author = "Ottaviani, {Javier I.} and Gina Borges and Momma, {Tony Y.} and Spencer, {Jeremy P E} and Keen, {Carl L} and Alan Crozier and Hagen Schroeter",
year = "2016",
month = "7",
day = "1",
doi = "10.1038/srep29034",
language = "English (US)",
volume = "6",
journal = "Scientific Reports",
issn = "2045-2322",
publisher = "Nature Publishing Group",

}

TY - JOUR

T1 - The metabolome of [2-14C](-)-epicatechin in humans

T2 - Implications for the assessment of efficacy, safety, and mechanisms of action of polyphenolic bioactives

AU - Ottaviani, Javier I.

AU - Borges, Gina

AU - Momma, Tony Y.

AU - Spencer, Jeremy P E

AU - Keen, Carl L

AU - Crozier, Alan

AU - Schroeter, Hagen

PY - 2016/7/1

Y1 - 2016/7/1

N2 - Diet is a major life style factor affecting human health, thus emphasizing the need for evidence-based dietary guidelines for primary disease prevention. While current recommendations promote intake of fruit and vegetables, we have limited understanding of plant-derived bioactive food constituents other than those representing the small number of essential nutrients and minerals. This limited understanding can be attributed to some extent to a lack of fundamental data describing the absorption, distribution, metabolism and excretion (ADME) of bioactive compounds. Consequently, we selected the flavanol (-)-epicatechin (EC) as an example of a widely studied bioactive food constituent and investigated the ADME of [2-14C](-)-epicatechin (300 μCi, 60 mg) in humans (n = 8). We demonstrated that 82 ± 5% of ingested EC was absorbed. We also established pharmacokinetic profiles and identified and quantified >20 different metabolites. The gut microbiome proved to be a key driver of EC metabolism. Furthermore, we noted striking species-dependent differences in the metabolism of EC, an insight with significant consequences for investigating the mechanisms of action underlying the beneficial effects of EC. These differences need to be considered when assessing the safety of EC intake in humans. We also identified a potential biomarker for the objective assessment of EC intake that could help to strengthen epidemiological investigations.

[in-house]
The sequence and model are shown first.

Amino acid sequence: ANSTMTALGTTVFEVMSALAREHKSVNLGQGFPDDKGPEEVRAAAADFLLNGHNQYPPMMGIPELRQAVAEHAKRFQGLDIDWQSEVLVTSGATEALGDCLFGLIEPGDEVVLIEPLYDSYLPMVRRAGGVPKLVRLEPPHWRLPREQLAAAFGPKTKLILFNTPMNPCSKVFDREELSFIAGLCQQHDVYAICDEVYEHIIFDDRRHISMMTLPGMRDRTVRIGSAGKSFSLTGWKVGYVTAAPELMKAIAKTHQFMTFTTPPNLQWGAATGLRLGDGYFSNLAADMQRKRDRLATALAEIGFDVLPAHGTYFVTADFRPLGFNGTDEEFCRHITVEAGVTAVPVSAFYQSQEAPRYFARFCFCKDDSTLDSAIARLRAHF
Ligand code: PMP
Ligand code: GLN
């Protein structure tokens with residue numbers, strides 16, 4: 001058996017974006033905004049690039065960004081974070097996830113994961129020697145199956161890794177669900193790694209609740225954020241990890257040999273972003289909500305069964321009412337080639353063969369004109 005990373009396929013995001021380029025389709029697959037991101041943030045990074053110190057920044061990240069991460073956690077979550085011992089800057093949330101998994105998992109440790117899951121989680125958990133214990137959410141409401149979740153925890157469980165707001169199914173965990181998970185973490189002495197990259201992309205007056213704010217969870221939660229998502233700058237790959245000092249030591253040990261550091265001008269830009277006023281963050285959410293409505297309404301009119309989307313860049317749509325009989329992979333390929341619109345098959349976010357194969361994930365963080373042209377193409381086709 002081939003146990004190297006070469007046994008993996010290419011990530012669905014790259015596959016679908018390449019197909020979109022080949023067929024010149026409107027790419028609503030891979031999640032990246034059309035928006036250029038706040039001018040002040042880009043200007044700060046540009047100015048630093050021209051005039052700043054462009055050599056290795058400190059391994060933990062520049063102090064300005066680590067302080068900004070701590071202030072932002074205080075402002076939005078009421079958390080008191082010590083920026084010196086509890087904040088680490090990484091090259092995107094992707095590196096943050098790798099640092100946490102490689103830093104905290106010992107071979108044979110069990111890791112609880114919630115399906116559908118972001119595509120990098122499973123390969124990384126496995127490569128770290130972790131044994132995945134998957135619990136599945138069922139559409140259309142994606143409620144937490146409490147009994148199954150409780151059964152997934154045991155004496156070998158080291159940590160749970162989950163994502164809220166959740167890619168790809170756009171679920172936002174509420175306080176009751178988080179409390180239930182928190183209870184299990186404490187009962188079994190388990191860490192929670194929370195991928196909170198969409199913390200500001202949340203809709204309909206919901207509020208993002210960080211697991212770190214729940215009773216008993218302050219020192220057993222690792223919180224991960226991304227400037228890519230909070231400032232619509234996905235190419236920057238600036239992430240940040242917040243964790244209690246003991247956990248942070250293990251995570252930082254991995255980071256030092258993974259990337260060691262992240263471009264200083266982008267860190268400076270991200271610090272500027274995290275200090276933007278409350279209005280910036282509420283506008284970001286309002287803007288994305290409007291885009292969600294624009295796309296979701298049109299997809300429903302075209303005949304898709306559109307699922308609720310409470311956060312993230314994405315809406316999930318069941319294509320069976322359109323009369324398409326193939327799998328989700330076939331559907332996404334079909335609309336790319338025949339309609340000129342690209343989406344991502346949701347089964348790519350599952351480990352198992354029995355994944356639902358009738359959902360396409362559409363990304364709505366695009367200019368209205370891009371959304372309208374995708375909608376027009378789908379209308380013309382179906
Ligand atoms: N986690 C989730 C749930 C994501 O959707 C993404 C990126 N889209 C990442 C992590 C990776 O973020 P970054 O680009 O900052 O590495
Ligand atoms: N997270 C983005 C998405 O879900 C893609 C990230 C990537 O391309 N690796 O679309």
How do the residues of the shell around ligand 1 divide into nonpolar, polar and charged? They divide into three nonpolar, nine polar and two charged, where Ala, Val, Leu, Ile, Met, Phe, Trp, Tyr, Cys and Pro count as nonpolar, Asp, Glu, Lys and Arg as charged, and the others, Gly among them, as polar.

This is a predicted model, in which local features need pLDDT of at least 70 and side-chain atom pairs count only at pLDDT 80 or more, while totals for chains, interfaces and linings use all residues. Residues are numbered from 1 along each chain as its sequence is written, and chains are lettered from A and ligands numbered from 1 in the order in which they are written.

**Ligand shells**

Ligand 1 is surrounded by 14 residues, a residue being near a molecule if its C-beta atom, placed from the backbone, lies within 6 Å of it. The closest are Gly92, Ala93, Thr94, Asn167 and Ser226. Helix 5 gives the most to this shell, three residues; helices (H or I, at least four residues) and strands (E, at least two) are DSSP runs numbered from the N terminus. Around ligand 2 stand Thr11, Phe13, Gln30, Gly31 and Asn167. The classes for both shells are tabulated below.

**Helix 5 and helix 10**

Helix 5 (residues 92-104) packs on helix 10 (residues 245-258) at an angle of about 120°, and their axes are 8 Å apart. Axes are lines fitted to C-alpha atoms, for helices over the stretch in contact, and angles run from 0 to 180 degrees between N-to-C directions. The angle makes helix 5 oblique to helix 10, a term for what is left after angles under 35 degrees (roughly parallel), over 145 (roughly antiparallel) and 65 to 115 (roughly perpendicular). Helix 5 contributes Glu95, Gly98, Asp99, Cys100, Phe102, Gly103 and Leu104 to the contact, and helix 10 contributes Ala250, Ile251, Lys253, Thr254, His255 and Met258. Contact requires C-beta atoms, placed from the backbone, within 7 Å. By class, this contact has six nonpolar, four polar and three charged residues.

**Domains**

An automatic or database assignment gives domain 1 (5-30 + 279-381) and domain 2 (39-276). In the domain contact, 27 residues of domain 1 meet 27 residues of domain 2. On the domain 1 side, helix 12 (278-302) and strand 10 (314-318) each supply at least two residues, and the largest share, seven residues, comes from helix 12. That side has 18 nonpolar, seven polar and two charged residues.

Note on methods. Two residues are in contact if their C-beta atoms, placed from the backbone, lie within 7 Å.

AB - Diet is a major life style factor affecting human health, thus emphasizing the need for evidence-based dietary guidelines for primary disease prevention. While current recommendations promote intake of fruit and vegetables, we have limited understanding of plant-derived bioactive food constituents other than those representing the small number of essential nutrients and minerals. This limited understanding can be attributed to some extent to a lack of fundamental data describing the absorption, distribution, metabolism and excretion (ADME) of bioactive compounds. Consequently, we selected the flavanol (-)-epicatechin (EC) as an example of a widely studied bioactive food constituent and investigated the ADME of [2-14C](-)-epicatechin (300 μCi, 60 mg) in humans (n = 8). We demonstrated that 82 ± 5% of ingested EC was absorbed. We also established pharmacokinetic profiles and identified and quantified >20 different metabolites. The gut microbiome proved to be a key driver of EC metabolism. Furthermore, we noted striking species-dependent differences in the metabolism of EC, an insight with significant consequences for investigating the mechanisms of action underlying the beneficial effects of EC. These differences need to be considered when assessing the safety of EC intake in humans. We also identified a potential biomarker for the objective assessment of EC intake that could help to strengthen epidemiological investigations.

UR - http://www.scopus.com/inward/record.url?scp=84976897467&partnerID=8YFLogxK

UR - http://www.scopus.com/inward/citedby.url?scp=84976897467&partnerID=8YFLogxK

U2 - 10.1038/srep29034

DO - 10.1038/srep29034

M3 - Article

VL - 6

JO - Scientific Reports

JF - Scientific Reports

SN - 2045-2322

M1 - 29034

ER -